JP5542838B2 - Container for fluid - Google Patents

Container for fluid Download PDF

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Publication number
JP5542838B2
JP5542838B2 JP2011541026A JP2011541026A JP5542838B2 JP 5542838 B2 JP5542838 B2 JP 5542838B2 JP 2011541026 A JP2011541026 A JP 2011541026A JP 2011541026 A JP2011541026 A JP 2011541026A JP 5542838 B2 JP5542838 B2 JP 5542838B2
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Japan
Prior art keywords
container
fluid
state
portion
flow
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Expired - Fee Related
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JP2011541026A
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Japanese (ja)
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JP2012512107A (en
Inventor
ウィリアム トレーシー,デニス
トーマス トレーシー,リンドン
Original Assignee
リンマーデン プロプライエタリー リミテッドLynmarden Pty Ltd
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Priority to US13887208P priority Critical
Priority to US61/138,872 priority
Priority to US17415809P priority
Priority to US61/174,158 priority
Application filed by リンマーデン プロプライエタリー リミテッドLynmarden Pty Ltd filed Critical リンマーデン プロプライエタリー リミテッドLynmarden Pty Ltd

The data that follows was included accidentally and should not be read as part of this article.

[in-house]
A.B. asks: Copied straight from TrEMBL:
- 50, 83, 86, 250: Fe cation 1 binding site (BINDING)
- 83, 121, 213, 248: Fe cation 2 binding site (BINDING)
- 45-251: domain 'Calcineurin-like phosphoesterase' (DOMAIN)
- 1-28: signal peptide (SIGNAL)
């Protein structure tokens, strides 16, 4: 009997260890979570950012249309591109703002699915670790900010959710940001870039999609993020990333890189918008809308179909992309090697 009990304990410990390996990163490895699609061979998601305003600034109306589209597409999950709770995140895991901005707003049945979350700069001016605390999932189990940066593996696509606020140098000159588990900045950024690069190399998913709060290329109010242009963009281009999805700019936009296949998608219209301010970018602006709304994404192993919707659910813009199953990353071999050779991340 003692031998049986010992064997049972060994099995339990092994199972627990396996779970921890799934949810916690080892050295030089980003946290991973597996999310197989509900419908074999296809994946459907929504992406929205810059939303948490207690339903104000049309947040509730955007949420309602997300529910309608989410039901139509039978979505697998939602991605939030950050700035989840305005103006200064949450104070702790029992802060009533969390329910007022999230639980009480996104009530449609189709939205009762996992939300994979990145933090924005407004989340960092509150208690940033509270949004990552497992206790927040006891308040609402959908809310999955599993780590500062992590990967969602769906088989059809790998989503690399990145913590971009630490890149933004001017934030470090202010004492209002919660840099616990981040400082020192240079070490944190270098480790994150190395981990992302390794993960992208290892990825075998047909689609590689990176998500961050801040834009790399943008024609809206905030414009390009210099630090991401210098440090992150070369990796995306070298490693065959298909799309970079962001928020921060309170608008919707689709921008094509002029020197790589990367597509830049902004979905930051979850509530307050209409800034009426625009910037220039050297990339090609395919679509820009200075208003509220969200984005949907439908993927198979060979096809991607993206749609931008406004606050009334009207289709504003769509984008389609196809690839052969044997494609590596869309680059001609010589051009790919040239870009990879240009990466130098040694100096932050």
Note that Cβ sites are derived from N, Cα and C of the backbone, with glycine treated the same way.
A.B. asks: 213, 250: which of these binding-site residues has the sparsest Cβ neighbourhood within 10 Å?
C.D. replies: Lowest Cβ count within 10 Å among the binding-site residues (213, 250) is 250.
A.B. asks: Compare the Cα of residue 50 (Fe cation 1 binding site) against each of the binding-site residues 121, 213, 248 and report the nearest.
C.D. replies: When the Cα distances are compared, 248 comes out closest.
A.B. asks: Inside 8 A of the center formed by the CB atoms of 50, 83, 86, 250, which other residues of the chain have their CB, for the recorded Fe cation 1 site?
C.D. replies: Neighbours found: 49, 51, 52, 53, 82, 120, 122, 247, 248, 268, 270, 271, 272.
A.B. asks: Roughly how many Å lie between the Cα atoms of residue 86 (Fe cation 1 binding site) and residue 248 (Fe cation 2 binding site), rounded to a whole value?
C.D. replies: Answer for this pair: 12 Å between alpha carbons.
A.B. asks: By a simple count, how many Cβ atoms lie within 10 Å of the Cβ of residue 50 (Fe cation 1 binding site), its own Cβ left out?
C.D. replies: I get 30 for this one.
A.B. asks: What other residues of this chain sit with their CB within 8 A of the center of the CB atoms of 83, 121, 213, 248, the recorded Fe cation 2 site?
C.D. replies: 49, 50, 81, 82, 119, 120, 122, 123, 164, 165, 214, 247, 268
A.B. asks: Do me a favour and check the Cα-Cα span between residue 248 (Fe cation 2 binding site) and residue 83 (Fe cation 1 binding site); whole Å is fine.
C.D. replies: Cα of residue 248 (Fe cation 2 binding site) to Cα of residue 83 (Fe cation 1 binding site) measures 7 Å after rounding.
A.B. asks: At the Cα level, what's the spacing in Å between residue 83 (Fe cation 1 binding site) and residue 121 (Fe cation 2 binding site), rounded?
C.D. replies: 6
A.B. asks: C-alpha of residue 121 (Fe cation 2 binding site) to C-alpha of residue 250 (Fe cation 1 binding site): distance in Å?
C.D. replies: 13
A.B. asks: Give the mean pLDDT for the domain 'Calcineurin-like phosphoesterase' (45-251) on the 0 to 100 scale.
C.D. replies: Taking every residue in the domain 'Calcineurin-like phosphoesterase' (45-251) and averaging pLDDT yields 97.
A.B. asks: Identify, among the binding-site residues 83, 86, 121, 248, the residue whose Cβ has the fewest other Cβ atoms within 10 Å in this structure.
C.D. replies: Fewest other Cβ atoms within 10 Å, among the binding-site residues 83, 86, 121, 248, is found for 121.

Priority to PCT/AU2009/001658 priority patent/WO2010069003A1/en
Publication of JP2012512107A publication Critical patent/JP2012512107A/en
Application granted granted Critical
Publication of JP5542838B2 publication Critical patent/JP5542838B2/en
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    • FMECHANICAL ENGINEERING; LIGHTING; HEATING; WEAPONS; BLASTING
    • F16ENGINEERING ELEMENTS AND UNITS; GENERAL MEASURES FOR PRODUCING AND MAINTAINING EFFECTIVE FUNCTIONING OF MACHINES OR INSTALLATIONS; THERMAL INSULATION IN GENERAL
    • F16NLUBRICATING
    • F16N31/00Means for collecting, retaining, or draining-off lubricant in or on machines or apparatus
    • F16N31/002Drain pans
    • F16N31/004Drain pans combined with container
    • FMECHANICAL ENGINEERING; LIGHTING; HEATING; WEAPONS; BLASTING
    • F01MACHINES OR ENGINES IN GENERAL; ENGINE PLANTS IN GENERAL; STEAM ENGINES